Throughout history, numbers have mystified and haunted humans. For example, Christians have revered the number seven as the “holy number,” and the number 666, associated with Satanism, is known as the “mark of the beast.” Today, however, humans strive toward the numbers 2400, 800, and 36.
Whether students are striving for perfect scores on the SAT or the ACT, the obsession with standardized tests has held American higher education captive for nearly a century. Ultimately, this obsession stifles productivity and intellectual growth.
The SAT was first administered in 1926; the ACT followed several decades later, in 1959. Maybe 50 years ago, when American culture was more homogenous — when we all watched the same three channels and subscribed to the same few magazines — standardized tests were a smart way of determining college acceptances. But today, in an increasingly diverse and fast-paced culture, these decades-old tests are less effective at measuring a student’s capabilities. They instill in people a dogmatic mentality that high test scores equate to high success. With a greater emphasis on creative thinking and problem-solving skills — think Silicon Valley vs. General Motors — today’s society has a set of values that differ from the rote memorization of the past.
No surprise, then, that an increasing number of colleges and universities are realizing the absurdity of these tests. The most recent school to make the tests optional was The George Washington University, which joined a growing list of elite colleges, including Smith, Bowdoin, and Wesleyan, that no longer require students to submit the SAT or ACT.
In the American education system today, schools ultimately engrave into students’ minds the idea that test scores determine future success. With this type of test-taking mentality, how can we as a nation expect students to really develop their intellectual interests and compete on the global market while they are spending months on end preparing for exams? While American students are spending hours a day studying away in their rooms, students in countries such as Finland are using this time to actually pursue their interests.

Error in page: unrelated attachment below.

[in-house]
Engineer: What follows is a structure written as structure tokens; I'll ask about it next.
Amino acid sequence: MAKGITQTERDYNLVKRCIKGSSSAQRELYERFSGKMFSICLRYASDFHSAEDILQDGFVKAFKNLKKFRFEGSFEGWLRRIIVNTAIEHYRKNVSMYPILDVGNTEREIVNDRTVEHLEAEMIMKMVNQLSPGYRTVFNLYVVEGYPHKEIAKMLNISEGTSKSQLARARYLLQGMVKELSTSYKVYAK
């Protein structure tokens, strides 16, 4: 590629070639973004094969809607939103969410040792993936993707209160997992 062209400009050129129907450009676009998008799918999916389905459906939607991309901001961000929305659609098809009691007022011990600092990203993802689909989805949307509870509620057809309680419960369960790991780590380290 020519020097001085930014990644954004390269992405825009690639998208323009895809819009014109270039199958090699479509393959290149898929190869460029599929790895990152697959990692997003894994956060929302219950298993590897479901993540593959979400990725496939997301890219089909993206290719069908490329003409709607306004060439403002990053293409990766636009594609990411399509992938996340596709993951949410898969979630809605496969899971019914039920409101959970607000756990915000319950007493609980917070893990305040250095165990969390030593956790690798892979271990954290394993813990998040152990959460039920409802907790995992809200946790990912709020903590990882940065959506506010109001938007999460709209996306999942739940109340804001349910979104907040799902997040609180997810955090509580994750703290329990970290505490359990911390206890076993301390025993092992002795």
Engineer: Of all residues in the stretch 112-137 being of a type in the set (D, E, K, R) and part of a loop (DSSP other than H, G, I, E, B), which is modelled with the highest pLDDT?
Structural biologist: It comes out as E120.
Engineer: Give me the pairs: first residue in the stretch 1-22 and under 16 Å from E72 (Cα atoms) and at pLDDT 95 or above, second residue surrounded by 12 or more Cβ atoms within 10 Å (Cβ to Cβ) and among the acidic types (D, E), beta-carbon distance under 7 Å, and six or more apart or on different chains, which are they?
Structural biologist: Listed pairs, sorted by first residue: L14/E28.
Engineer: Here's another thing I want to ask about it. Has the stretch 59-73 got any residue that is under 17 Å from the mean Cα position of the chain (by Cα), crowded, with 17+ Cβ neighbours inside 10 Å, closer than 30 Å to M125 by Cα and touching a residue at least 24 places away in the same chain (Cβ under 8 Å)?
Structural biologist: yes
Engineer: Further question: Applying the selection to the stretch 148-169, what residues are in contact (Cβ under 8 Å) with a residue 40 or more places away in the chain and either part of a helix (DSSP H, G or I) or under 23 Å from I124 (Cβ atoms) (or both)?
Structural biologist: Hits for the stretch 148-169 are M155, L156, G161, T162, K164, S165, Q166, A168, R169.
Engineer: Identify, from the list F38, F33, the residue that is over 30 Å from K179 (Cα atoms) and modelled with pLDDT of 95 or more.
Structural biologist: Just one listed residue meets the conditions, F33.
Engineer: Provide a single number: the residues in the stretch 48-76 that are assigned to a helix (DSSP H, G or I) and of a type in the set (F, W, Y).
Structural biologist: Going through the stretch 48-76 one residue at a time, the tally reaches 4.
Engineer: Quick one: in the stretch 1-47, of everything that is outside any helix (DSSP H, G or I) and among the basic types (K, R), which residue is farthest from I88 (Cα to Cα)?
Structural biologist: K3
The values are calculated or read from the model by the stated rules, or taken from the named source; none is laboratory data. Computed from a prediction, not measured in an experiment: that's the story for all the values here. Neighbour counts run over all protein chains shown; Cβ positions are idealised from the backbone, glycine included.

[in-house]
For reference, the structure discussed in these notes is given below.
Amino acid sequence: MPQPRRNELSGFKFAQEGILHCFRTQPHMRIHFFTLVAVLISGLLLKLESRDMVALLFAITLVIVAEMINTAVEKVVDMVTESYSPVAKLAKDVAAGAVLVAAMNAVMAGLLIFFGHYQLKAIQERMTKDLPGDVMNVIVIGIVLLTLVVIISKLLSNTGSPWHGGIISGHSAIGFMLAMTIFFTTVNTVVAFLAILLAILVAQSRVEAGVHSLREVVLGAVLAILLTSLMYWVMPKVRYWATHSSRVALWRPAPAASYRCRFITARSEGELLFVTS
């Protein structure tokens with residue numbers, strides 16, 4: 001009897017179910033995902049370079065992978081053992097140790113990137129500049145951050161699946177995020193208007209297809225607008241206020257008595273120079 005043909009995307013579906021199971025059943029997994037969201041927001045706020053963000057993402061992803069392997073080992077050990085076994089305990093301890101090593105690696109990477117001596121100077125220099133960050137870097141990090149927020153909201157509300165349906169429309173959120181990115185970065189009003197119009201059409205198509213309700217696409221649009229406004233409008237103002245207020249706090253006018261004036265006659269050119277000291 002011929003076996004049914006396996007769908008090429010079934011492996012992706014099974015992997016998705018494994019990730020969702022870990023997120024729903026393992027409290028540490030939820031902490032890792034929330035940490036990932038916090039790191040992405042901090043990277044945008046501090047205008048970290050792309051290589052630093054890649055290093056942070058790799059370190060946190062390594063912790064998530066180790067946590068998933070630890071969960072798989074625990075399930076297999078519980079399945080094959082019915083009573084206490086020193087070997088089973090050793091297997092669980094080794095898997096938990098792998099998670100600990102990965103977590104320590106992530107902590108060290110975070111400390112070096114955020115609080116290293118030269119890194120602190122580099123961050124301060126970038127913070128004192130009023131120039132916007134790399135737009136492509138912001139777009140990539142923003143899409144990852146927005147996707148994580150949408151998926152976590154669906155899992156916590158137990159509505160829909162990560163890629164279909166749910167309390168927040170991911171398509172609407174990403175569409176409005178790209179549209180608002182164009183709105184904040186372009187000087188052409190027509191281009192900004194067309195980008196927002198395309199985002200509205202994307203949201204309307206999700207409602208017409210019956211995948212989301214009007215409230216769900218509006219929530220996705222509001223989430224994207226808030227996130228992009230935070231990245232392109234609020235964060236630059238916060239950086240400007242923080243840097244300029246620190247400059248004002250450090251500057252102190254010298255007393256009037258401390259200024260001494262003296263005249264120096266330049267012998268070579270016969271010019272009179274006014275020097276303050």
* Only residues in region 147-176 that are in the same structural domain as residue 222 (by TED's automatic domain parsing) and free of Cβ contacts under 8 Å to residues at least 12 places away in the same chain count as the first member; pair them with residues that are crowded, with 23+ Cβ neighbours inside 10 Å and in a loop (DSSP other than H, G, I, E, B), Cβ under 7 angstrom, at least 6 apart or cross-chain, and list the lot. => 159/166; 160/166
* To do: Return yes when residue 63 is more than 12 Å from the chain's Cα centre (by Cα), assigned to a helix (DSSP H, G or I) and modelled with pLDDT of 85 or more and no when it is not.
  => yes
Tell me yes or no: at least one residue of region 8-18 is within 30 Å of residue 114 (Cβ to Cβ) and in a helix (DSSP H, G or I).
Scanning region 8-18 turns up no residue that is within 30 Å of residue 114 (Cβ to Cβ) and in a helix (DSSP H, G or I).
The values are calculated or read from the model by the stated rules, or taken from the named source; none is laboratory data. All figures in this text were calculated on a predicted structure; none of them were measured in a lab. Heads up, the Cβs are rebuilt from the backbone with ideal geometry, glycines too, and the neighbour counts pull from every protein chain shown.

It’s not just about intellectual development. There are financial considerations to take into account, too.
While some students can afford paying thousands of dollars to go to a tutor to boost their SAT and ACT scores, students coming from lower-income backgrounds are unable to afford such classes.
Finally, America is perhaps the least well-suited country for standardized tests, considering its diversity and stratification. Some might argue that standardized tests are the only way to fairly evaluate the ability of students in a nation as diverse as America. In a nation with nearly 20,000 municipalities, school districts vary greatly in funding and curriculum. For these reasons, college admissions tests fail to act as a great equalizer. Supporters of the tests argue that students can access free resources at local libraries. Although some areas may have a plethora of free resources at libraries and schools, other areas may be underfunded and under-resourced.
This obsession with standardized tests has left America eating the dust of more advanced nations throughout the world. In the most recent Program for International Student Assessment [PISA], an examination comparing the strength of students throughout the world in math, reading, and science released in 2012, Finland placed third. America, however, placed 21 out of 34 other nations.
One of the major differences between the two nations is that America overemphasizes that value of standardized tests such as the SAT and ACT, while Finland only has a single required examination at the end of high school. The Finnish system encourages students to focus on learning for learning’s sake, and teaches them that a single number or test score does not determine the value of life.
Here’s my modest proposal, then. Rather than focusing on a test-taking culture, the American education system should take a more holistic approach in educating students. Whether that is through more open discussions in classes or assigning research and writing based assignments, we should leave students the option to explore their interests rather than imposing on them a common ideology.
If America is to progress as a global leader, it has to start with its greatest investment: students.